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[EDIT] I have completely rephrased the question to try to be more concise and clear

I am looking for a 1-1 function, encode, such that

  • encode( 32_bytes_of_data ) => {w_1, w_2, ..., w_n}, where:
    • w_1 ... w_n are real English words
    • n should be reasonable - I don't want 256 words to encode 256 bits

Ideally: - n should not be the same for all input values, but it is not a super important requirement.

The goal - to make public keys more human readable and recognisable.

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Why not just post a link to something like Pastebin? It's easier for both you and the key recipient –  goncalopp Jan 28 '13 at 14:01
1  
Nope I would like a text only solution. Links could easily and often are removed from posts by the evil admin. –  greTech Jan 28 '13 at 14:07
    
Then I'm guessing this question reduces to "what steganographic techniques exist to conceal a 256 bit message into a ASCII/UTF-8 media with a maximum size of a few kilobytes"? If it does, maybe it's better to just ask that? –  goncalopp Jan 28 '13 at 14:12
    
Agree that the question was not very well posed, but im not really looking for steg. Just an encoding. My goal is not to really hide the existence of the key from humans. I will edit and rephrase the question –  greTech Jan 28 '13 at 14:19

2 Answers 2

up vote 2 down vote accepted

If you're not worried about manual inspection and only seek to protect against obvious regexes, there's a couple of alternatives, with increasing annoyance-factor:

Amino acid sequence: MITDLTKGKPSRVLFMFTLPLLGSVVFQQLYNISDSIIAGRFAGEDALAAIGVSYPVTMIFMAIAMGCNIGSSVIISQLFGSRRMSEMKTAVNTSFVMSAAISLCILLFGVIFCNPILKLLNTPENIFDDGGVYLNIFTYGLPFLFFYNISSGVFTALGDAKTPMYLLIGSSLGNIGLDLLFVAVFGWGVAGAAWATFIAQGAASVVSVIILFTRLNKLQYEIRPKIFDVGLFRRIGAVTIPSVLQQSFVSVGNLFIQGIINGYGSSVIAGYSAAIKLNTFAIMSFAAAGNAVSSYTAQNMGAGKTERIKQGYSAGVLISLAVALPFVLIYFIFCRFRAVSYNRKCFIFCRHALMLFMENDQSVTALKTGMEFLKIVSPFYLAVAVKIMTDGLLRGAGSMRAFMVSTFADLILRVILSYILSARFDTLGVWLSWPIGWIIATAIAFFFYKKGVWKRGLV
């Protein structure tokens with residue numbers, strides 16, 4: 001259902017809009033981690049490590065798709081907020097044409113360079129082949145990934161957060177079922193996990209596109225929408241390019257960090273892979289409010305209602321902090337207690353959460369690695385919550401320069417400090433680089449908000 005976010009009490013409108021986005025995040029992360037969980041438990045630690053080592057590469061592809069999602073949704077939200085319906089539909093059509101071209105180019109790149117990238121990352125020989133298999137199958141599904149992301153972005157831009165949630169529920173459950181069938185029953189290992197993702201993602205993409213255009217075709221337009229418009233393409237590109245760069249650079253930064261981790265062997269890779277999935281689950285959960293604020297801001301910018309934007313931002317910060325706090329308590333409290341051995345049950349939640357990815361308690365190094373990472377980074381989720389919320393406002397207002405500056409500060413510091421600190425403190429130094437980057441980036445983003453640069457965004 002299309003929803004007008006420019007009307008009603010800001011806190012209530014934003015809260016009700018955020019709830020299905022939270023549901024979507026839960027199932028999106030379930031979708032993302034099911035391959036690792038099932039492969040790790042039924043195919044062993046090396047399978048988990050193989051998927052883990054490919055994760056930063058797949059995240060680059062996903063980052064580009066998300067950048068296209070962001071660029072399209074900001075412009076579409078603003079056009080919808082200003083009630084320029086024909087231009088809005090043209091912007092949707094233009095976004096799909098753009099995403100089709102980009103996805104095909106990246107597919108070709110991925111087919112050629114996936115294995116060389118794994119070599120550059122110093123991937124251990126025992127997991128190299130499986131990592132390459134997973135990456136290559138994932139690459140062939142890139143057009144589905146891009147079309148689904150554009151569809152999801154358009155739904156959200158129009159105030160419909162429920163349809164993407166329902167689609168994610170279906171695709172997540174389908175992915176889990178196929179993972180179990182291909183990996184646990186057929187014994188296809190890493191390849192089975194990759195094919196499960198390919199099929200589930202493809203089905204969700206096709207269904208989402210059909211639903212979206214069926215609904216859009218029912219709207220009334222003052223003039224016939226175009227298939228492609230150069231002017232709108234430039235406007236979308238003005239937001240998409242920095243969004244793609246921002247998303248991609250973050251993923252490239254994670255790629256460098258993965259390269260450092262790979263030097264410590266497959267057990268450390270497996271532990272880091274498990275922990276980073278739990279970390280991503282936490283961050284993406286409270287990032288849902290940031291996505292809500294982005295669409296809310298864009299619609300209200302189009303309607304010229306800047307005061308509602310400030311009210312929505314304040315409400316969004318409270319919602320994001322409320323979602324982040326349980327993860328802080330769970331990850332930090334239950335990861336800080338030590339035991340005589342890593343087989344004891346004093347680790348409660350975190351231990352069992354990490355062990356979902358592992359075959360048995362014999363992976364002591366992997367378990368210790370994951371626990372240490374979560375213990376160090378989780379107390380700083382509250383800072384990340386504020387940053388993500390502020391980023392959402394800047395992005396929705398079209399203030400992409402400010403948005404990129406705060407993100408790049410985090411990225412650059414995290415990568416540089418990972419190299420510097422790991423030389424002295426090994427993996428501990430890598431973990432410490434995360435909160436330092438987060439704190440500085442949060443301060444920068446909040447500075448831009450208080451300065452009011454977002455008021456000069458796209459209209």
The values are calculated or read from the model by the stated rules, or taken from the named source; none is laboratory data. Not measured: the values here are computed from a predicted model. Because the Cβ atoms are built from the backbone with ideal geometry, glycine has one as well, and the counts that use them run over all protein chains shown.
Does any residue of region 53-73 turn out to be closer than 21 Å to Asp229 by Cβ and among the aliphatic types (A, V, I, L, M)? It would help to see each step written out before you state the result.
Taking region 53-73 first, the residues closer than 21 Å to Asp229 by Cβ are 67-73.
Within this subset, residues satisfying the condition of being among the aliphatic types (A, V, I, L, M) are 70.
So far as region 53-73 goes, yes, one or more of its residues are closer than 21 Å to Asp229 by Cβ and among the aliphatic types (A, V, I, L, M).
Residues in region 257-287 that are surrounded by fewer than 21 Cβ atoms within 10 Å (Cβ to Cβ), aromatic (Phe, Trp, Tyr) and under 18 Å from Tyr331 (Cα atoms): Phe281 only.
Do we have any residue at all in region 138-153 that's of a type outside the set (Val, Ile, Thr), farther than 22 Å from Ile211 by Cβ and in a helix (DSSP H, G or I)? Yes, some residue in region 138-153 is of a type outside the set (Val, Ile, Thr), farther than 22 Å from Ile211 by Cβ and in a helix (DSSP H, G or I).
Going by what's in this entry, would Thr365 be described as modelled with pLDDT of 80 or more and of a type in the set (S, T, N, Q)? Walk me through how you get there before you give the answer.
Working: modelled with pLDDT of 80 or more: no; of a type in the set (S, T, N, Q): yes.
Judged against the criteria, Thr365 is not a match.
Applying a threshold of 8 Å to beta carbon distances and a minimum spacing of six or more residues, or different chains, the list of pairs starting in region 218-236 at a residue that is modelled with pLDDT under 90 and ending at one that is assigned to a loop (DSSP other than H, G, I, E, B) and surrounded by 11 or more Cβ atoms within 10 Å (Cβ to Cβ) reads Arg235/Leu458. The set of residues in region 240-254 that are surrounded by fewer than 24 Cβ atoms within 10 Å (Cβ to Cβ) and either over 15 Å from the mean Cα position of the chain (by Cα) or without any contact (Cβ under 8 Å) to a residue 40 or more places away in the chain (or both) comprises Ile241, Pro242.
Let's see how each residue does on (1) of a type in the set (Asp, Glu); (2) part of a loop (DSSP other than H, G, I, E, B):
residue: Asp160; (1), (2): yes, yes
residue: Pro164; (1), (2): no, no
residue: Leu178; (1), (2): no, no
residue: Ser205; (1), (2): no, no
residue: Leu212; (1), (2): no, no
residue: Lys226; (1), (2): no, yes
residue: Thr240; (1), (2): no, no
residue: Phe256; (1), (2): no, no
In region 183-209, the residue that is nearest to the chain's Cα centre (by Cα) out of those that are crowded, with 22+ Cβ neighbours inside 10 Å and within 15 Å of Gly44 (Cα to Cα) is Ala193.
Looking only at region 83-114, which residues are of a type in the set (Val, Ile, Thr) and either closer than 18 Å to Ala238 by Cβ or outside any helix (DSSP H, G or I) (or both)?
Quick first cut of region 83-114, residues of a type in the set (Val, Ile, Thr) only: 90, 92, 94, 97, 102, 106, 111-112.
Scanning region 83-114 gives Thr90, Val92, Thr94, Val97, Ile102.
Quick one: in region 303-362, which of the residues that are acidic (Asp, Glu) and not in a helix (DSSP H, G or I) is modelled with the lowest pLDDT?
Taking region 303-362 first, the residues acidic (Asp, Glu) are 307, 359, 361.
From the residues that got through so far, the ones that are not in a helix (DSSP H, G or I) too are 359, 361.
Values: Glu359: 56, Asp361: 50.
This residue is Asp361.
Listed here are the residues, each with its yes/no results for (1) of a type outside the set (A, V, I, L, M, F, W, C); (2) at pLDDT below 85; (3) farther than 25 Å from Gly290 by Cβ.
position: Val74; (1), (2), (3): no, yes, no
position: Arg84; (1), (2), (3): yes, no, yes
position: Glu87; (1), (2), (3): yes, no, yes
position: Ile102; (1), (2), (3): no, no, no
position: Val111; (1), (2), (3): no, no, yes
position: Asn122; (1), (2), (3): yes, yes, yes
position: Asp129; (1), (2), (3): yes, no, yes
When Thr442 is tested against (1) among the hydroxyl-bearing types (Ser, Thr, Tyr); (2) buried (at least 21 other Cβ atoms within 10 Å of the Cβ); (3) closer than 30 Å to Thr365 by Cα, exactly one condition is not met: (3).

• ROT13 has been used on usenet countless times for this kind of thing. It would defeat base-64 detection

  • Use the 256 bits as an integer, and use its base-10 representation in ASCII. It'll look like this: 115792089237316195423570985008687907853269984665640564039457584007913129639936

  • you can encode previous number into a look-and-say sequence and spell it: two one, one five, one seven...

  • Encode the 256 bits into a base-26, and use the encoded 26 letters of the alphabet as the first character of each word on a phrase. You'd need about 55 words. If you're feeling creative, you may use the first two characters of each word, and reduce that to 27, but you may have to use very strange words indeed. If you don't care about appearance, just post the 55 characters: ennjuuzflkeenzhszxamvlrnusvcpknavbgzllukzllrkvatszirbkq

  • If you want to use unicode, there's 110,000 different characters. Assuming only half of those are printable, it's a bit more than 15 bits of entropy per character, so you'll need 17 characters to encode 256 bits

  • If you and your recipient can pre-share any amount of data (you must at least share knowledge about the "steganographic" method), you could assign a numeric value to each word in a dictionary. There's about 1,000,000 words in the English language, so each one has about 20 bits of entropy. You'll need 256/20=13 words. Bonus points for generating a key which encodes to correct syntax and grammar and rewriting Jabberwocky

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Thanks there are lots of great ideas here. I need to generate real English words so I guess I would prefer the last solution. –  greTech Jan 28 '13 at 15:04

You could encode your key as one bit per word, where the parity of the word length indicates the bit: a word with an even number of letters is a 0-bit and a word with an odd number of letters is a 1-bit. I discuss this at my blog.

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So I would need quite a lot of words! well 256 I guess. Surely more information could be encoded into a word? –  greTech Jan 28 '13 at 14:30
    
You could encode two bits per word by taking the length modulo four, or three bits per word by taking the length modulo eight. The trick with steganography is not to have a good encoding, but to hide the fact that an encoding is present. With a little bit of work, you could probably find something to put into your signature file that encodes your key. Remember to leave extra room for a parity check. –  user448810 Jan 28 '13 at 14:59

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